New senior citizen center option surfaces
A new location has been proposed for the Perham Senior Citizen Center: A rental unit within the Ma's Little Red Barn complex. Ten seniors attended the Perham City Council meeting Oct. 9 to show their support for the Ma's location. And--they also ...
A new location has been proposed for the Perham Senior Citizen Center: A rental unit within the Ma's Little Red Barn complex.
Ten seniors attended the Perham City Council meeting Oct. 9 to show their support for the Ma's location. And--they also registered their opposition to a proposal that would incorporate a senior center into the Perham Area Community Center.
"We took a vote recently, and 19 of our seniors were present," said center president Evelyn Berger, a 95-year-old regular at the senior center and its noon meal program. "We asked if any supported the PACC location...not one hand went up."
That show of hands reflects the irony of the situation: For nearly a year, city officials have been studying options for a permanent senior center. One solution was to launch a much-needed expansion of the PACC, and incorporate a senior center into the project. Problem: The current patrons of the senior center don't want to be in the PACC.
The firehall has served as the senior center for the past two years; but it was intended to be only temporary.
Two petitions on the senior center matter were also presented to the city council. One petition had 40 signatures from people opposing a move to the PACC. A second petition was circulated at the PACC, to seniors who presently use the PACC for fitness and other programs. It was signed by 29 seniors, who said they would not likely participate in the senior meals program or the center's activities--even if it were located at the PACC.
One of the theories underlying the work of the task force was based on the future. Stating it bluntly: Time marches on. Most of today's senior center patrons won't be here 20 years from now. The seniors of the future, Baby Boomers who don't view themselves as "aging," are more likely to patronize a center with a diverse range of activities--such as the PACC offers. Will jigsaw puzzles, card games, Bingo, arts and crafts, and quilting be enough to sustain Baby Boomer seniors with short attention spans?
On that premise, it made more sense for the task force to broaden the concept of a future senior center.
But, there are "junior seniors" and "senior seniors," explained Harold Locken, who was opposed to the PACC concept. He described himself as a "junior senior" who still works out at the PACC and leads a fairly active lifestyle. When he becomes a "senior senior" he is more likely to prefer a quieter, less active environment--such as the present senior center.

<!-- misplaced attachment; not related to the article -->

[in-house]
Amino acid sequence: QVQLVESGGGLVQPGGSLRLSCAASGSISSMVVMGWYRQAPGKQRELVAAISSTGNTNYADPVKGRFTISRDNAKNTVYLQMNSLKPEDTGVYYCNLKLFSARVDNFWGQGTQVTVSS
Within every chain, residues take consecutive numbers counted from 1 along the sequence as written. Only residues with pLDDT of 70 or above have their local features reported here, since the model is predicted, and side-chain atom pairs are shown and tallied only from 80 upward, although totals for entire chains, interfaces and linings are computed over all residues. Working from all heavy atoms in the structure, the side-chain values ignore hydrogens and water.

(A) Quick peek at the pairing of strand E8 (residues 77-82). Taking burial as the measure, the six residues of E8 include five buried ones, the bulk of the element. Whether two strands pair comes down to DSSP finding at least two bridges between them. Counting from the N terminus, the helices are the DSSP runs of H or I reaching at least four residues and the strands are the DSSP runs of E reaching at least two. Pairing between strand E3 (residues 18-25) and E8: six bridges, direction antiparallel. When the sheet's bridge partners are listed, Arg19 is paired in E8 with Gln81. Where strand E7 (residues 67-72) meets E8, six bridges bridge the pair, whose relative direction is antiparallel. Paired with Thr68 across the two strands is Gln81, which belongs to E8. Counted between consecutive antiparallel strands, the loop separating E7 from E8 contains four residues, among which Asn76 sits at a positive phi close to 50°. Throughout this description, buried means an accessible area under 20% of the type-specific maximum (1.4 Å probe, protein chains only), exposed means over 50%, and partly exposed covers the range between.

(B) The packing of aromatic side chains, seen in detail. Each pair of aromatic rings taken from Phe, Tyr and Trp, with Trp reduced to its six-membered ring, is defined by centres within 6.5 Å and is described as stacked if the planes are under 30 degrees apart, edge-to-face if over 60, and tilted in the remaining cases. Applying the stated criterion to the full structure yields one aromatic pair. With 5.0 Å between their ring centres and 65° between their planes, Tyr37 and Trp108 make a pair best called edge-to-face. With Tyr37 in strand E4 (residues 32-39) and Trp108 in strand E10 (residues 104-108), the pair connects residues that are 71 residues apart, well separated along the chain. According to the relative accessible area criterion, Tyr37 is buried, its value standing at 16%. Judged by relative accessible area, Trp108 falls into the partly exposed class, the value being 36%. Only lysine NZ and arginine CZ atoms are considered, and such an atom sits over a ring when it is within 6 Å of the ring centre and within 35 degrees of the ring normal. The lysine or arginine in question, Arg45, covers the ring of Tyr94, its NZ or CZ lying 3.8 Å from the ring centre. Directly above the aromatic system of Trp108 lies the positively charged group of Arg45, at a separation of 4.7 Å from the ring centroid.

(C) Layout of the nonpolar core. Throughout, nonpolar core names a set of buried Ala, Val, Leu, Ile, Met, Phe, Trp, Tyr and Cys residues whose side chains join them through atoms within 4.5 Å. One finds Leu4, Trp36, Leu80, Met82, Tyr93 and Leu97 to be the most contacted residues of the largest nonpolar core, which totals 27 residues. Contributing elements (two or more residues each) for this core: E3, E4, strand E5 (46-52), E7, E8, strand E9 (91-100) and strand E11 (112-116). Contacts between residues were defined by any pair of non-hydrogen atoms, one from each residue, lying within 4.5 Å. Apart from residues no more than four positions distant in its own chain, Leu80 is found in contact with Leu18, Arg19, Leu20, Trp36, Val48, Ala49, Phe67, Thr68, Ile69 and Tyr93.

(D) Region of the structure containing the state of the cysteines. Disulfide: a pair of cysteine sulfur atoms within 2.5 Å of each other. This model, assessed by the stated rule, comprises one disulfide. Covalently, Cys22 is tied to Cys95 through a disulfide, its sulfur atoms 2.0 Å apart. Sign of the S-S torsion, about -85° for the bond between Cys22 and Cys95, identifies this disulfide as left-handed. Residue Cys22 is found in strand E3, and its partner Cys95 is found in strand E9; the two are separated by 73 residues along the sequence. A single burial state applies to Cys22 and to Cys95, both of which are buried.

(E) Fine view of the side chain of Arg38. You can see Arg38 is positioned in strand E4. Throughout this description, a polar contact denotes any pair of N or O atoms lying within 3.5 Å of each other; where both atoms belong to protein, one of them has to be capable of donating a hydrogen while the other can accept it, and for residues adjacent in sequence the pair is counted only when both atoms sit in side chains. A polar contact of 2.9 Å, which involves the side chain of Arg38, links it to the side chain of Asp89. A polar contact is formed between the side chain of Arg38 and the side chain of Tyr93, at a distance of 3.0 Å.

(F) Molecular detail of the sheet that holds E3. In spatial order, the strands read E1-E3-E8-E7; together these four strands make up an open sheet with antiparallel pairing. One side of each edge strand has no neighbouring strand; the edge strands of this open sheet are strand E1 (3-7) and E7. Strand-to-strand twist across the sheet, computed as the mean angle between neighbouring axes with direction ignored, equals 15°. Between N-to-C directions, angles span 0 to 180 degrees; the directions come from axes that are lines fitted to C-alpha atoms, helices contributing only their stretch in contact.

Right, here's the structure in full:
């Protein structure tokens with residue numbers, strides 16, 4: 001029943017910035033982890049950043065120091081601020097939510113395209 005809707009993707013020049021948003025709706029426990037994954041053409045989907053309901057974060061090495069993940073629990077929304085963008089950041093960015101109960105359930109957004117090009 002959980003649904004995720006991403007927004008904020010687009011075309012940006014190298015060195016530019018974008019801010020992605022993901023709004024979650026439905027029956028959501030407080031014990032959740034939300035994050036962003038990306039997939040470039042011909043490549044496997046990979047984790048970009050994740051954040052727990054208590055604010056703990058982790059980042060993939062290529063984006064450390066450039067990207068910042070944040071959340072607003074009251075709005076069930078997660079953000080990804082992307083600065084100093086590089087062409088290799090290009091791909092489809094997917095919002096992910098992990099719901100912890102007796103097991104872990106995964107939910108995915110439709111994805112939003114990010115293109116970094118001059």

"Our group is smaller, but still significant," said senior center director Linda Fossen. Most of our seniors are past the 'working out' stage."
For seniors at the upper age level, the PACC is an "idea ahead of its time," said Fossen.
Though current attendance for the noon senior meals averages around two dozen, it would increase with a permanent center, said Locken.
According to the seniors, other issues with the PACC concept include:
- inadequate parking
- too much congestion
- the entrance is shared with young people rushing in and out
- the $1.2 million cost of a PACC addition is too much; however, the task force has contended that the price tag should be considered as a larger, more comprehensive PACC expansion not just a "senior center addition" to the PACC.
"If the center went to the PACC, most of us would just fade away," said wheelchair-bound Winnie Gunderson, who would not likely utilize the center if it were incorporated into the PACC.
But the intentions of the task force and city officials are good. And, the vision for the future is realistic. "We wanted a senior center that would be more available to all seniors... and the PACC was one of concepts to involve more seniors," said Councilman Jerome Boedigheimer.
At this point, there are no specifics as to what rent would be at Ma's--or how it would be paid, though it would likely come from the city's general fund. Also, there are other questions and details that need to be examined with the Ma's location, including building a kitchen within the proposed space, noted Councilmember Anita Mycke.
The council listened intently to the seniors' comments. No action was taken, but the discussions will continue at the task force and committee level.
Fossen said that she had a holiday wish list: "Can we be home for Christmas?"
Given the wide range of issues and opinions, Santa probably won't be delivering a new senior facility by Dec. 25.